Dialysis Procedure May Not Be Appropriate for Elderly
Elderly patients with kidney failure may not gain the same benefits from what’s considered the gold standard for accessing the blood for dialysis compared with younger patients, according to a study appearing in an upcoming issue of the Journal of the American Society of Nephrology. The findings suggest that vascular access procedures should be tailored to individual dialysis patients in the elderly population.
The elderly represent the most rapidly growing group of patients on dialysis for kidney failure. Research clearly shows an arteriovenous fistula, which is created by connecting a patient’s own vein and artery to form a long-lasting site through which blood can be removed and returned, is the best way to gain access to the blood for dialysis in younger individuals. Other types of access involve using a catheter, which does not require needle sticks, and arteriovenous grafts, which are plastic conduits between an artery and a vein. It’s unclear which of these is the best type of dialysis access for elderly patients.
To investigate, Ranil DeSilva, MD, and Alexander Goldfarb-Rumyantzev, MD, PhD, of Beth Israel Deaconess Medical Center in Boston, and their colleagues studied information from 2005 to 2008 on more than 115,000 dialysis patients over the age of 66, 35% of whom were in their 80s and 90s.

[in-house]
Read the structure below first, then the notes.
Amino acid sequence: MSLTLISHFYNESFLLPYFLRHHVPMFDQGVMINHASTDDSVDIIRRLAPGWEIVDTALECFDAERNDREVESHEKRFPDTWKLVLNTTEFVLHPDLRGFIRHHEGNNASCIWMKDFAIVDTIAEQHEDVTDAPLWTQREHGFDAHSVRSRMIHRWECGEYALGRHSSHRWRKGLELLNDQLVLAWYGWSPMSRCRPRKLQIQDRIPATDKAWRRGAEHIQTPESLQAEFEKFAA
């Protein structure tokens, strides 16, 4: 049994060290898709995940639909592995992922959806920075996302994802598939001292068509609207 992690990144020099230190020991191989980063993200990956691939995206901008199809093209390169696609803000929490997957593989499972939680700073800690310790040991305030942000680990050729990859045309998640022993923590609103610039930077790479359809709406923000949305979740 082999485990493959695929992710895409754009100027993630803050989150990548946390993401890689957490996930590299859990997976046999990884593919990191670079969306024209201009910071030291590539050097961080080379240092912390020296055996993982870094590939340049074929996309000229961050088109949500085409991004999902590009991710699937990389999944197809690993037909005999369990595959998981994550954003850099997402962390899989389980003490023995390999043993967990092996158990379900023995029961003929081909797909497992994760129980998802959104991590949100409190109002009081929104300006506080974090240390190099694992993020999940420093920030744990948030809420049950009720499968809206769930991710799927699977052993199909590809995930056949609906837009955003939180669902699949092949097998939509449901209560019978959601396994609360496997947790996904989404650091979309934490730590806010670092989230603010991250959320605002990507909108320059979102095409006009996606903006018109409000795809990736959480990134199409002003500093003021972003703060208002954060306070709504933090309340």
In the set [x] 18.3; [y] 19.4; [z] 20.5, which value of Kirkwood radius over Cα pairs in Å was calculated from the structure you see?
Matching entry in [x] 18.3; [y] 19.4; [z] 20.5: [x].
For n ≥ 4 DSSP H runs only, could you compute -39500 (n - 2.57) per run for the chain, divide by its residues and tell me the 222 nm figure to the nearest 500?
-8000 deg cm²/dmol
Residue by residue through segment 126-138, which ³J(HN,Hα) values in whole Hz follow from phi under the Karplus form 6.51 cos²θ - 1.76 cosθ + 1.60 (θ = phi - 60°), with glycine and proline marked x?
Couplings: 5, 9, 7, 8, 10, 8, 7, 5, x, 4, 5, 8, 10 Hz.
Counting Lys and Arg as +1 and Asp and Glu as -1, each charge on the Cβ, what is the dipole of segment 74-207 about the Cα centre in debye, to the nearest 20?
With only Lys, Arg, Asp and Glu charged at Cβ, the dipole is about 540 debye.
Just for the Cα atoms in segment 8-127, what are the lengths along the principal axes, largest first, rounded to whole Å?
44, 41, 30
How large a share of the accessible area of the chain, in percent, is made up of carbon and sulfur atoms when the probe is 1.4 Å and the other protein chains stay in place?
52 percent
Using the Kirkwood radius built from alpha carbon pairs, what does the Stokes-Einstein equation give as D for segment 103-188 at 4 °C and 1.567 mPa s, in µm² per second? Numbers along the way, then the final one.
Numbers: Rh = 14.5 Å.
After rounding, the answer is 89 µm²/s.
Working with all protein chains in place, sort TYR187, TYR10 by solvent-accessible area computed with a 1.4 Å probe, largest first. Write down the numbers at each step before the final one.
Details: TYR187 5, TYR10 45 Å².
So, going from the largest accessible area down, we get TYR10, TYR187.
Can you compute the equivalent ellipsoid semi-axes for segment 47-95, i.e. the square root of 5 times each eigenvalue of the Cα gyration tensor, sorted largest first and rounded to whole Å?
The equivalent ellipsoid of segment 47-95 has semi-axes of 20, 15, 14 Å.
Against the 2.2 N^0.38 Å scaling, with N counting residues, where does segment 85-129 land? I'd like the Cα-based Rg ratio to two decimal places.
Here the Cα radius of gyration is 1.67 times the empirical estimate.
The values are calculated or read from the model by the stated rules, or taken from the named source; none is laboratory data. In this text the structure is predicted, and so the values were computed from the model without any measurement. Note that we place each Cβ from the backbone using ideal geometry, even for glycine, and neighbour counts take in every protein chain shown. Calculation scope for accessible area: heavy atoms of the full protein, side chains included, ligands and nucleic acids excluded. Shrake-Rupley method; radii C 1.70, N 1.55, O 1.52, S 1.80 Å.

Major findings over four years include the following:
• Catheter use was linked with more than a 74% increased risk of death in patients of any age.
• While using an arteriovenous fistula improved survival compared with using an arteriovenous graft in patients in their late 60s and 70s, patients in their 80s and 90s experienced similar survival rates with the two procedures.
The findings suggest that in patients who are older than the age of 80, placing a graft, which takes a much shorter time to establish and can be placed shortly before starting dialysis, may be a reasonable alternative to a fistula. This is particularly true for patients with small veins or in cases in which it’s uncertain when dialysis may be needed.
“In an era using more standardized quality outcome measures, we must remain cautious about generalizing measures to our growing elderly population. In the case of our study, a strategy that is clearly superior in young individuals requiring hemodialysis for kidney failure does not appear to be the clearly superior strategy for elderly individuals,” DeSilva says. “It appears that the optimal vascular access choice should be tailored to the specific patient in the elderly population.”
Source: American Society of Nephrology